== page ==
HC Deb 07 March 1910 vol 14 cc1136-7

asked the Secretary of State for the Home Department whether he had now inquired into the circumstances disclosed in the action of Fowler v. Grant, tried at the Manchester Assizes a fortnight ago, in which it appeared that a person now admitted to have been perfectly sane was committed to a lunatic asylum, and there treated as a lunatic for upwards of a year, and especially to the observations of Mr. Justice Walton that a man or woman, not a pauper, might be taken to the workhouse, shut up in an imbecile ward, and then declared to be a lunatic and placed in a lunatic asylum, without any public inquiry, any hearing before a magistrate, or any notice of what was going on; and whether he will consider the advisability of making inquiry, by means of a Select Committee or otherwise, into the working of the Lunacy Act, 1890?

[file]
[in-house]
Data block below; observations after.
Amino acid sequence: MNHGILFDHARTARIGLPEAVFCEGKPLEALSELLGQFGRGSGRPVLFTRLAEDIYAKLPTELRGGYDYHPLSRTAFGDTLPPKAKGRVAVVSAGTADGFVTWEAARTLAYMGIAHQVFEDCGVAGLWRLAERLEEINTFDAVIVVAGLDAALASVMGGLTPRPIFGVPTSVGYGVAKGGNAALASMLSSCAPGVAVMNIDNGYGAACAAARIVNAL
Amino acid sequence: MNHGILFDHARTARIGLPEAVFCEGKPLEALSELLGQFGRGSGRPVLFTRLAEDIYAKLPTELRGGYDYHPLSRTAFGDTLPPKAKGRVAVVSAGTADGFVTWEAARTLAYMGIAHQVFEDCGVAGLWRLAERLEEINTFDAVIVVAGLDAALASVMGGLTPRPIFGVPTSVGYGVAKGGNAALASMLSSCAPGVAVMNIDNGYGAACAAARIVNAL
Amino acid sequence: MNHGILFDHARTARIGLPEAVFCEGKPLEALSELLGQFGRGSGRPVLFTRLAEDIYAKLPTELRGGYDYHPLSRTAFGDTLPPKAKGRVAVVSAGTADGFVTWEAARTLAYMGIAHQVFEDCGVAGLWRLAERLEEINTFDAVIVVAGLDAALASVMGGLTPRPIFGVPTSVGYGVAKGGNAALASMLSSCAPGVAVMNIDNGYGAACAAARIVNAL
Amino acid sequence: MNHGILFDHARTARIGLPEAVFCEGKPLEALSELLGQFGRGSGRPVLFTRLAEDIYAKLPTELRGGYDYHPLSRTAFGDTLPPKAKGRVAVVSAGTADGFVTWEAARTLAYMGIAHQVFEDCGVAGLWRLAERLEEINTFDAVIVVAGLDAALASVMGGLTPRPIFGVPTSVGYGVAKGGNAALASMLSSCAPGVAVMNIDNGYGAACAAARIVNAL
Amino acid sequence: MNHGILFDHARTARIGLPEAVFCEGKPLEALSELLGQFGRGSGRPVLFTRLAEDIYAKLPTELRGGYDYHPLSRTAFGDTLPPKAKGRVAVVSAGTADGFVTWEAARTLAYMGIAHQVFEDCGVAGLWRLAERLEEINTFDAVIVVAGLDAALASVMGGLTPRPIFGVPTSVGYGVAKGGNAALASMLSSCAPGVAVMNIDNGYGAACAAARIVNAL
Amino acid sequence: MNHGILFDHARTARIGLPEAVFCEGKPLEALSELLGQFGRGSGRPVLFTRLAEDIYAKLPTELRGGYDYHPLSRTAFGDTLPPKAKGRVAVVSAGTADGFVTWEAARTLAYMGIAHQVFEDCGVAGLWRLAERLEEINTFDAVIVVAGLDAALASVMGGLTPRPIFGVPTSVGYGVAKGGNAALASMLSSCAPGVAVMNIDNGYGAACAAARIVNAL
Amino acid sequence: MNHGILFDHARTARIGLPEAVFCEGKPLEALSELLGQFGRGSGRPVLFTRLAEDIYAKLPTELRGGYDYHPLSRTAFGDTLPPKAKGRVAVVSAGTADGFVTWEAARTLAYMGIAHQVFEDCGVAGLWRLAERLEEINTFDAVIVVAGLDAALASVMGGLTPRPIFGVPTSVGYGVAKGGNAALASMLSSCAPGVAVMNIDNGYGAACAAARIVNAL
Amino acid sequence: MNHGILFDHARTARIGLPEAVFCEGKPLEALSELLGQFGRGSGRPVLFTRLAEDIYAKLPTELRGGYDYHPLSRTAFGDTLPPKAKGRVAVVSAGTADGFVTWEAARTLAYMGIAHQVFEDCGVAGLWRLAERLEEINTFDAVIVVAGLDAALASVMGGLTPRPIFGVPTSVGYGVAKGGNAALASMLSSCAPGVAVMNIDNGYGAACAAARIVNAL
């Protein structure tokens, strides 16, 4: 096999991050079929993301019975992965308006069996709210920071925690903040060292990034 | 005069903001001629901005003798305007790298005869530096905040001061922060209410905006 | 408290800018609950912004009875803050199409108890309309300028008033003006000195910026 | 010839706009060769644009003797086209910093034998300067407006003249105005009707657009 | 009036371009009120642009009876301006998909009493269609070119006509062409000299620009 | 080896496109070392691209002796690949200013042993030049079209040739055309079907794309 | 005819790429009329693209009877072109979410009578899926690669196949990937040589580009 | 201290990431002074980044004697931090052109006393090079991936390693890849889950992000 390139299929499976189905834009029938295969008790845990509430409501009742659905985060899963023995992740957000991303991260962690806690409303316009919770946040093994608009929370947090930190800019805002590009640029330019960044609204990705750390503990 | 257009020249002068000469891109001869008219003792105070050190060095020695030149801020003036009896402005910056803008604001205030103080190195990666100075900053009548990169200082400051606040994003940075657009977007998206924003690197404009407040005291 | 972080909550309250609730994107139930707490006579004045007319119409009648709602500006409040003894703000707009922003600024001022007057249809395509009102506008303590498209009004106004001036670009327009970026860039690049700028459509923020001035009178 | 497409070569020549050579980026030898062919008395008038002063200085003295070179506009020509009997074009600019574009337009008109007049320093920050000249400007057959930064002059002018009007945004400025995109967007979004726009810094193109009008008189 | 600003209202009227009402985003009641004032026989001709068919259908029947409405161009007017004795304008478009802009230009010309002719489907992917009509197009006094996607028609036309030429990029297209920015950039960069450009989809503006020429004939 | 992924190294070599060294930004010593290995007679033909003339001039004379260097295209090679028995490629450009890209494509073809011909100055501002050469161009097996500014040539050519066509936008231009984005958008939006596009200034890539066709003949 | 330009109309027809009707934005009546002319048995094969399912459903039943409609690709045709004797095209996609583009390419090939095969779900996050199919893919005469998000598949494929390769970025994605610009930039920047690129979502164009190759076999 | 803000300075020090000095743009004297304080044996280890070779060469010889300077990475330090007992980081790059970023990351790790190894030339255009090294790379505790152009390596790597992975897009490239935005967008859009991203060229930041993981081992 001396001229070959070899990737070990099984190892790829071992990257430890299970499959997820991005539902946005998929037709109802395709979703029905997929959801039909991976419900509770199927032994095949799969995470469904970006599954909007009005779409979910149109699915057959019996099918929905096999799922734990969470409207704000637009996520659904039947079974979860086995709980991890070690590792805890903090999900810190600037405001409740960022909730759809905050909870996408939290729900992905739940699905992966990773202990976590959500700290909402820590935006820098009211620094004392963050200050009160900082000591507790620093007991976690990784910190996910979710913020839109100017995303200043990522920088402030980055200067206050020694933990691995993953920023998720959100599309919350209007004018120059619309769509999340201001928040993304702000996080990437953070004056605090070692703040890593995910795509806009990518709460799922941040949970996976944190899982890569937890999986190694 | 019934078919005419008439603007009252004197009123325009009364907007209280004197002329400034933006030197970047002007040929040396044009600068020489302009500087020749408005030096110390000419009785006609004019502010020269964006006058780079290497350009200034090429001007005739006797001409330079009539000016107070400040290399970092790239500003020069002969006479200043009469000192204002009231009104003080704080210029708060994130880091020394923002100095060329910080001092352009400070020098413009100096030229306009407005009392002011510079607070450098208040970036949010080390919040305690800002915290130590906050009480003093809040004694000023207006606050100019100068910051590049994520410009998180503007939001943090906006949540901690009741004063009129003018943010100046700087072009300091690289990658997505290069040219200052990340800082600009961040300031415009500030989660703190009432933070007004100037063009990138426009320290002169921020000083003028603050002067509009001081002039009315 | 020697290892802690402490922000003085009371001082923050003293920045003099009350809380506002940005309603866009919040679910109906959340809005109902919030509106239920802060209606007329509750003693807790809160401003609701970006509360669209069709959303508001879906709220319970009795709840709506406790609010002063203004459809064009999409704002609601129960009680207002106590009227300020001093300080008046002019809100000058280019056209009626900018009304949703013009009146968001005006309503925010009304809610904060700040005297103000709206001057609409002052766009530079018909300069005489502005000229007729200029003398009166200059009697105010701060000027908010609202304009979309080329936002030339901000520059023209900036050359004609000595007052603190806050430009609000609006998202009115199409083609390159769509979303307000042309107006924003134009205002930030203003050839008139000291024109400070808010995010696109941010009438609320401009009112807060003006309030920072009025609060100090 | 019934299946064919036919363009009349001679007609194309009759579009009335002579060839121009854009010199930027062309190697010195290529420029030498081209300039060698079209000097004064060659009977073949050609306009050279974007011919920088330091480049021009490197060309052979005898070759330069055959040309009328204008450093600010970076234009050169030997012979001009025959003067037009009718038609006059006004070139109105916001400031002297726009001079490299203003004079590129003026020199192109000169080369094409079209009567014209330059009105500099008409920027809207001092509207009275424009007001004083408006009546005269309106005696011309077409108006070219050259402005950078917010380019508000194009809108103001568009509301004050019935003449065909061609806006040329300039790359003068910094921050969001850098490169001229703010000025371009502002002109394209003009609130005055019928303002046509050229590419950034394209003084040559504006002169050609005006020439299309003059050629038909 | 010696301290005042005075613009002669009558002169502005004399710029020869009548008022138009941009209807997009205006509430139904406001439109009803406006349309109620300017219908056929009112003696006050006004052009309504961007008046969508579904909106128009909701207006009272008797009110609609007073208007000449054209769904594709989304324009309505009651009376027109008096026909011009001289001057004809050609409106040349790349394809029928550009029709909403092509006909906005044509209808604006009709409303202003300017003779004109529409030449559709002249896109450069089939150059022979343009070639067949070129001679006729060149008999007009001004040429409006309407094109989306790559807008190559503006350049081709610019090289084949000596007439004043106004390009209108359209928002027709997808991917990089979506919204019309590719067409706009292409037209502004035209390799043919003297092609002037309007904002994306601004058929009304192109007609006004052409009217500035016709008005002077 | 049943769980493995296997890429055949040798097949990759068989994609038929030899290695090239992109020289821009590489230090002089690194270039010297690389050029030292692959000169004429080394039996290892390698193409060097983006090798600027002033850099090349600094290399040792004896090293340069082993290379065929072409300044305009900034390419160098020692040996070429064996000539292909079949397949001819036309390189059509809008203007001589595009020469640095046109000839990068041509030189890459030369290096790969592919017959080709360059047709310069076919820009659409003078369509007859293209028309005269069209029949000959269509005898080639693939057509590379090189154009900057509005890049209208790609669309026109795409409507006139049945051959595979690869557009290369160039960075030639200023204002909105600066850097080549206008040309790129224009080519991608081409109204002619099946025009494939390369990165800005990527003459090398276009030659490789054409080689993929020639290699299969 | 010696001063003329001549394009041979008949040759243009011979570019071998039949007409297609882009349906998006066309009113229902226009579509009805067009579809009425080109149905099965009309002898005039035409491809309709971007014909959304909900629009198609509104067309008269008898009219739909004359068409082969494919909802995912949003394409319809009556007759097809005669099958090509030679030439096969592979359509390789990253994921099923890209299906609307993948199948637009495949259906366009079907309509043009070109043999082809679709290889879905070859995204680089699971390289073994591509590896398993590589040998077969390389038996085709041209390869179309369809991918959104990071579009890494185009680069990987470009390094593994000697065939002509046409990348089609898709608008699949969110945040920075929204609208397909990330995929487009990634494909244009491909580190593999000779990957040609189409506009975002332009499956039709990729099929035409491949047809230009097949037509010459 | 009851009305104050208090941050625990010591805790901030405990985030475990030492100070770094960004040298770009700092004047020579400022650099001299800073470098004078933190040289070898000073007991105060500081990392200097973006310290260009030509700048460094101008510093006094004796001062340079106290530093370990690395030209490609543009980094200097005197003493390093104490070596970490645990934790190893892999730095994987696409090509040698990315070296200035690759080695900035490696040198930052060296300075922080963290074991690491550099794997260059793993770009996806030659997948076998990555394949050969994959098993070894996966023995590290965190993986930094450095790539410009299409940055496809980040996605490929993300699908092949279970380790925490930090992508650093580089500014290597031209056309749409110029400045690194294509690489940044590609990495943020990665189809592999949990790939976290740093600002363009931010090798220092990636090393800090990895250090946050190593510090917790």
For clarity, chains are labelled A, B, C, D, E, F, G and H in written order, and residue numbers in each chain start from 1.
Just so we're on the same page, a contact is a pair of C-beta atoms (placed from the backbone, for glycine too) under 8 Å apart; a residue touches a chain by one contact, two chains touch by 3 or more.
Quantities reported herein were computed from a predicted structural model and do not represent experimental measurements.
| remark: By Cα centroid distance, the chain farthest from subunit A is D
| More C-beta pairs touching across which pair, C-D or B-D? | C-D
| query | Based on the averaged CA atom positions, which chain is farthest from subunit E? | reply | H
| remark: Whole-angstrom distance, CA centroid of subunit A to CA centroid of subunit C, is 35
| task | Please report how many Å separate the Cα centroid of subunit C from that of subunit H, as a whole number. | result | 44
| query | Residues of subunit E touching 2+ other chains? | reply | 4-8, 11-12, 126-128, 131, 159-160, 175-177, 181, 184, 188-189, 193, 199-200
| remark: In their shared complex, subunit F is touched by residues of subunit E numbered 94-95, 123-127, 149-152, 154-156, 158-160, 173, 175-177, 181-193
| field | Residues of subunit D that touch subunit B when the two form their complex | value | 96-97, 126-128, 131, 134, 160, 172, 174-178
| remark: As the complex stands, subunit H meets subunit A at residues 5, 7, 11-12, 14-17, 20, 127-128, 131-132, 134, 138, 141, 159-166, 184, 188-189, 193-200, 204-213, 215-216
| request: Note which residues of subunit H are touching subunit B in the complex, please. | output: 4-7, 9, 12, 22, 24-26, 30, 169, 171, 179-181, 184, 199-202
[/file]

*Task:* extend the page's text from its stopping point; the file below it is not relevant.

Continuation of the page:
The Secretary of State has seen reports of the case, and has made inquiry. He is advised by the Lunacy Commissioners that the procedure in connection with the plaintiff's removal to an asylum was regular throughout. The action was settled by an agreement between the private parties, on which he can express no opinion; but he may say that he agrees with the Commissioners in Lunacy that when there is opportunity for legislation Section 13 of the Lunacy Act, 1890, should be amended, so that a patient admitted under that Section should have the same right to see a justice after admission as is conferred upon a private patient under Section 8.